Our blog focuses on sharing our experience and knowledge across a wide range of technologies and industries including hardware and software design, audio, video, internet of things, mobile application and signal processing technologies.

Howdy Pierce Encoders Aren’t Commodities My partner Ben Mesander had a really cool post the other day: An H.264 encoder written in 30 lines of C code. Ben’s encoder outputs completely valid H.264, but it doesn’t actually compress anything. (What do you expect from 30 lines!) In fact, because of the necessary H.264 headers, the output of Ben’s encoder is… View Article Details
World’s Smallest H.264 Encoder H.264 has a complicated specification with several options, many of which are not commonly used. So, I decided to write the simplest possible H.264 encoder. Details
Howdy Pierce More on Patents I had intended to give the indemnification issue a rest. But then the following caught my attention this morning: One big difference between patents and other kinds of intellectual property, like copyrights and trademarks, is that patent-holders who want to sue someone for infringement don’t have to show that their patents or their products were… View Article Details
Howdy Pierce Providing Indemnification for Patent Infringement Cardinal Peak recently had an unfortunate “first”: We chose to walk away from a promising engineering engagement because we couldn’t reach agreement with our customer about an indemnification clause. Let me give a little background before diving into the issue. “Indemnification” technically is the legal obligation to compensate a business partner for losses that the… View Article Details
Writing Defensive Code to Automatically Find Memory Leaks In an earlier post, I suggested making all your memory allocations go through a single routine, and deletions through another. When you centralize allocation and deallocation like this, you gain a couple of benefits. First of all, you make the memory allocation more explicit, which will tend to make programmers more careful. Second, you can… View Article Details
Mike Perkins Delta Sigma Converters: Filtering, Decimation and Simulations In my first post on ΔΣ converters I presented an intuitive way to derive the modulator portion of the converter. Now we need to look at what comes after the modulator — namely, the digital filter and the decimator. The high-level structure of the converter looks like this: The analog input voltage, v(t), is assumed… View Article Details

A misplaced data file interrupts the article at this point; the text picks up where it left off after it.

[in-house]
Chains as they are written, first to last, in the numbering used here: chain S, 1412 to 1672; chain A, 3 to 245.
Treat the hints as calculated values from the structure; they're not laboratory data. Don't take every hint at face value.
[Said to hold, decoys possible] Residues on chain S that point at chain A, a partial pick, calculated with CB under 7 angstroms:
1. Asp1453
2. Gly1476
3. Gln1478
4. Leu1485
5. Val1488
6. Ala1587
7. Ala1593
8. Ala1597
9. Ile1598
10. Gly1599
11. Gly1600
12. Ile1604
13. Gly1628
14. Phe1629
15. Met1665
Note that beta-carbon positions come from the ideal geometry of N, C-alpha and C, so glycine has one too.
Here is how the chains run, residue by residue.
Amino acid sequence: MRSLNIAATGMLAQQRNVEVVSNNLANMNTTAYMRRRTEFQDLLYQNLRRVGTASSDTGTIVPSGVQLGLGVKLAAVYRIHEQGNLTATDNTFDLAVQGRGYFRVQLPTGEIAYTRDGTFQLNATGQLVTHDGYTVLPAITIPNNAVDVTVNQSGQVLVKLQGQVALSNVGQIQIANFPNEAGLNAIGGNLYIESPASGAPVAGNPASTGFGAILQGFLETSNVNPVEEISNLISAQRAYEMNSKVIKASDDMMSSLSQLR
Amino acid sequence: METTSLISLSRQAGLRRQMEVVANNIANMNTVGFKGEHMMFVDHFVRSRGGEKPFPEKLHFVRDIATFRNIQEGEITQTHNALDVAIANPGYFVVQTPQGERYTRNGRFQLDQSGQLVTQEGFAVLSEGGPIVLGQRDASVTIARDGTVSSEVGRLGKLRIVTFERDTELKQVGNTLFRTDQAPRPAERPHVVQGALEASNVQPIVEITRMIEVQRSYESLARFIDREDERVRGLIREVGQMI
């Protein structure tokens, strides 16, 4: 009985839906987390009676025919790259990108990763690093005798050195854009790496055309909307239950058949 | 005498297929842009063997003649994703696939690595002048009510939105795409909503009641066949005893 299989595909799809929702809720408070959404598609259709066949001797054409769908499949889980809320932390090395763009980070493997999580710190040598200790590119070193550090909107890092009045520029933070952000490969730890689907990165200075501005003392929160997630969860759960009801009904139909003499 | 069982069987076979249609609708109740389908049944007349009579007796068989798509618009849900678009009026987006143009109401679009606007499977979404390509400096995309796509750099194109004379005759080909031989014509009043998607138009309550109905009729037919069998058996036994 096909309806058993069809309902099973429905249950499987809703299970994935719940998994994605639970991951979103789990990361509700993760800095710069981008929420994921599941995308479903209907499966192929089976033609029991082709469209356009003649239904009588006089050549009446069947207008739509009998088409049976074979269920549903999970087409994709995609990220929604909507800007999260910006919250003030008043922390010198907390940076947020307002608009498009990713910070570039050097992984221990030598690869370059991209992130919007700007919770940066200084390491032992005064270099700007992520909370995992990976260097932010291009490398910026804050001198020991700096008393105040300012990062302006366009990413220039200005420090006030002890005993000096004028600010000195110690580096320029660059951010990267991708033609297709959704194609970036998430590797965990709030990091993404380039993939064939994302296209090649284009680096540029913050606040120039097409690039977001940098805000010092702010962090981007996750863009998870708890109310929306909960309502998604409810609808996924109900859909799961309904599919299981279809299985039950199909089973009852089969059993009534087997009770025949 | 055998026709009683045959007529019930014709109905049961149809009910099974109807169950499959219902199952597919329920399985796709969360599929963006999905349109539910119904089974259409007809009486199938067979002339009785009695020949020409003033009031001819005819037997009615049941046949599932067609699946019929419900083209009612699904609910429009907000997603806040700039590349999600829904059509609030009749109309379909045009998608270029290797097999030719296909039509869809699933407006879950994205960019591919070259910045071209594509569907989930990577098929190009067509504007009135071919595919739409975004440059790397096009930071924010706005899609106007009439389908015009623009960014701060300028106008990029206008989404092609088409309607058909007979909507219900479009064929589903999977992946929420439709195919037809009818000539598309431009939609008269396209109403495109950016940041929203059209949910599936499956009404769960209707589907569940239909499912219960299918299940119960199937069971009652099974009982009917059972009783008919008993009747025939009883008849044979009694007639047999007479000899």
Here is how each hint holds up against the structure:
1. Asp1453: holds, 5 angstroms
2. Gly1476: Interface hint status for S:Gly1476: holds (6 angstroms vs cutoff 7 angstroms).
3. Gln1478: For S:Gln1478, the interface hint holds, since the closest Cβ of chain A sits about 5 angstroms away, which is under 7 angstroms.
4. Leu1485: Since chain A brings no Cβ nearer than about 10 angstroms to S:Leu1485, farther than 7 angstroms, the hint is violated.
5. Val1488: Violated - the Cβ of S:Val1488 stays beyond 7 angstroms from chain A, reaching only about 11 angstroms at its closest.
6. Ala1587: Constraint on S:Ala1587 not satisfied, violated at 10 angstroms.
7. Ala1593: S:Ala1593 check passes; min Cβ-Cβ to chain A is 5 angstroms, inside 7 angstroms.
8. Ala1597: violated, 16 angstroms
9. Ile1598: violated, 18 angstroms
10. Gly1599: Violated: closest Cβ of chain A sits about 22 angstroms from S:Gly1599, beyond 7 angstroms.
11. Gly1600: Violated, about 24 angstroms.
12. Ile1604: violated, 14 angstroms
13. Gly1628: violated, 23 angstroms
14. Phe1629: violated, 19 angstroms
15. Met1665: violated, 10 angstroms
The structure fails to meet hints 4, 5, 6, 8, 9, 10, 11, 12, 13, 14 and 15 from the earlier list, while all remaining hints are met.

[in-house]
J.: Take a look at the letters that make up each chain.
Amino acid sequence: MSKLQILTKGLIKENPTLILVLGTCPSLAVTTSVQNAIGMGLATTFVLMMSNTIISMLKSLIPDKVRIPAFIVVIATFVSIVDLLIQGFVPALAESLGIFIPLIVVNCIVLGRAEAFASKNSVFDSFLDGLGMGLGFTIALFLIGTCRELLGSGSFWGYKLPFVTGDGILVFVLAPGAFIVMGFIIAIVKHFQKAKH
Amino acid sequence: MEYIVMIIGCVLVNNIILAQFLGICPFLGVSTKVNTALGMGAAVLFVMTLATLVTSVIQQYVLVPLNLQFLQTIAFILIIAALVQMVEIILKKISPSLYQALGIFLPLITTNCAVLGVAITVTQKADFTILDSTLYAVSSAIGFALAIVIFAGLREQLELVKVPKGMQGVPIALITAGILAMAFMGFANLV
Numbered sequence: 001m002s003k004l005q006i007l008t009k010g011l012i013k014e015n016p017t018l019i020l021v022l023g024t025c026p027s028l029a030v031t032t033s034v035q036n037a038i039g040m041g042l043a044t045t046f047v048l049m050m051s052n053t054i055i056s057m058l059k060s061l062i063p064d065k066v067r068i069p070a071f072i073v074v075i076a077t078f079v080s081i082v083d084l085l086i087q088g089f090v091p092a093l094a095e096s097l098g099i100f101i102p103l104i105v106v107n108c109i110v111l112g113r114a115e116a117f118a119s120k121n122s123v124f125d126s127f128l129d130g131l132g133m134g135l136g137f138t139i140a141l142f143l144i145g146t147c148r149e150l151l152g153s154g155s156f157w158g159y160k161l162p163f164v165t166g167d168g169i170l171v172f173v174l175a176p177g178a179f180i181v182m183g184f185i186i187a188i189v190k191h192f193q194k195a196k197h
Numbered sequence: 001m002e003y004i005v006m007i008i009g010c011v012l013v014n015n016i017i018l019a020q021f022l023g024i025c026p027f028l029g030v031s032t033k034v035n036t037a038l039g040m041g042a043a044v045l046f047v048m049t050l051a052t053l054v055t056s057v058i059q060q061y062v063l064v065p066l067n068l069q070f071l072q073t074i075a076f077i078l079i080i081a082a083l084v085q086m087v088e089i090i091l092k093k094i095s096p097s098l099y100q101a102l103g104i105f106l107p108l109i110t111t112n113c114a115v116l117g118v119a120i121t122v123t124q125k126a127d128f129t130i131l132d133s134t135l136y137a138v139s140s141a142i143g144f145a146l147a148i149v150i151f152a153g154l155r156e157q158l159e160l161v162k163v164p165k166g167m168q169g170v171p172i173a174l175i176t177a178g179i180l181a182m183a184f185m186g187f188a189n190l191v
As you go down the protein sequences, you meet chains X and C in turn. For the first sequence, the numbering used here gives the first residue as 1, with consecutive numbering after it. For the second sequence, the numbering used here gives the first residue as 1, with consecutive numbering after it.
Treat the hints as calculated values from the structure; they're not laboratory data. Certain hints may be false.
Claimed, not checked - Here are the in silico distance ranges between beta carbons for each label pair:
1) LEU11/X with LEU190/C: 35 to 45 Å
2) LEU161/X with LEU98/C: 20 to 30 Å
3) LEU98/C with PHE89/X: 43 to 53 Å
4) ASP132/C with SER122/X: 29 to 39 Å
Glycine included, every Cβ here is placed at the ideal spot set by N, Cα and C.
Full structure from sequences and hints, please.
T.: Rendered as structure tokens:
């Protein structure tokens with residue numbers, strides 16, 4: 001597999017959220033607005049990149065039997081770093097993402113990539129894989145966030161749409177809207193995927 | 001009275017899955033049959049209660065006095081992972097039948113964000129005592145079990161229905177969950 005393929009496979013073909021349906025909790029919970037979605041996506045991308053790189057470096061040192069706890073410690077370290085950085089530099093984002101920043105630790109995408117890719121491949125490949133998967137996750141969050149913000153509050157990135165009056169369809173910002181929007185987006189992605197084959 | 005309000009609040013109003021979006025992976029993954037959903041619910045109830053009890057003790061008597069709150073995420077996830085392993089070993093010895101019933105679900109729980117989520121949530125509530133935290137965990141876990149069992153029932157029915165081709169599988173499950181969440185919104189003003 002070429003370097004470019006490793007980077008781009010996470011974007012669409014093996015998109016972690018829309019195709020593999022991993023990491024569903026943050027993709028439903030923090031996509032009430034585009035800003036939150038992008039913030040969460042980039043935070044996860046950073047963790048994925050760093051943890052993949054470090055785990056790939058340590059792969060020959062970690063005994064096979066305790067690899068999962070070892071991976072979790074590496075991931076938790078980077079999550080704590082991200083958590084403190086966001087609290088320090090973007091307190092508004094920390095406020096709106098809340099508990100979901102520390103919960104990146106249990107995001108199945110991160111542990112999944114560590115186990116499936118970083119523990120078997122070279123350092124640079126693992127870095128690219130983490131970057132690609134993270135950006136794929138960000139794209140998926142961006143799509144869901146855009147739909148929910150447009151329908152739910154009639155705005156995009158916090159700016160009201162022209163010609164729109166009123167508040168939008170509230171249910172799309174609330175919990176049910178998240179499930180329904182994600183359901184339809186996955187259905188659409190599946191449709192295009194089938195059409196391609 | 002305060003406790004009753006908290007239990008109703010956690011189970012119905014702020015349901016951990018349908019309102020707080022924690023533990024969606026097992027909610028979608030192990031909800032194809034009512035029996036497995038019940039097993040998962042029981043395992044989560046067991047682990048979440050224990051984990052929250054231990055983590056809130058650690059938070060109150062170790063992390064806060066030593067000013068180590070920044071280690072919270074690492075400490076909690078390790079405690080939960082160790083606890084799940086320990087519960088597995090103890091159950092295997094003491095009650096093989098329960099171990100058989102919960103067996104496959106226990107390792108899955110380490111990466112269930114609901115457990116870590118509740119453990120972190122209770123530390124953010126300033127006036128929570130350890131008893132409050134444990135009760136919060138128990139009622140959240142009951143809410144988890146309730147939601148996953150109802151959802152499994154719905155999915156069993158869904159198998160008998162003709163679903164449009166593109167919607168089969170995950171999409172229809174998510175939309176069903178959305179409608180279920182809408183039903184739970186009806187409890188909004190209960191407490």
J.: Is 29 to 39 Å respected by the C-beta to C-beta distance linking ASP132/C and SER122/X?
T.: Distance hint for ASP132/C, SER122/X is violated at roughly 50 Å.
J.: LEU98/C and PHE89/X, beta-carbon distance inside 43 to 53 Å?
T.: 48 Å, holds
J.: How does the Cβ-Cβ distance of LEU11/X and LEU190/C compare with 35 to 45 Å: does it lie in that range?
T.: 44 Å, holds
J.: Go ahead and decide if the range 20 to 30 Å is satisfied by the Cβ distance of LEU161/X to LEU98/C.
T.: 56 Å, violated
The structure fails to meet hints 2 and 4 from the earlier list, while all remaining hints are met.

How To Find a Memory Leak Finding memory leaks and other problems in your code can be challenging, but there are tools available to help simplify that process. Remember to add time to your schedule so that you can apply the available tools for finding memory leaks and other problems. Details
Mike Perkins Delta Sigma Converters: Modulation The web is filled with introductions to Delta Sigma modulation (also sometimes referred to as Sigma Delta modulation) in the context of Delta Sigma converters. Unfortunately, the ones I’ve looked at fail to intuitively motivate how the modulator works. Therefore, my goal in this post is to show how the structure of a first-order ΔΣ… View Article Details
Ben’s Golden Rule for Preventing Memory Leaks As an embedded software engineer, I spend the majority of my time writing code in C and C++. One somewhat-justified knock on these languages is that they both force the programmer to sweat all the details involved with memory management. One particular bugaboo of the C/C++ engineer is the memory leak: Memory that is dynamically… View Article Details
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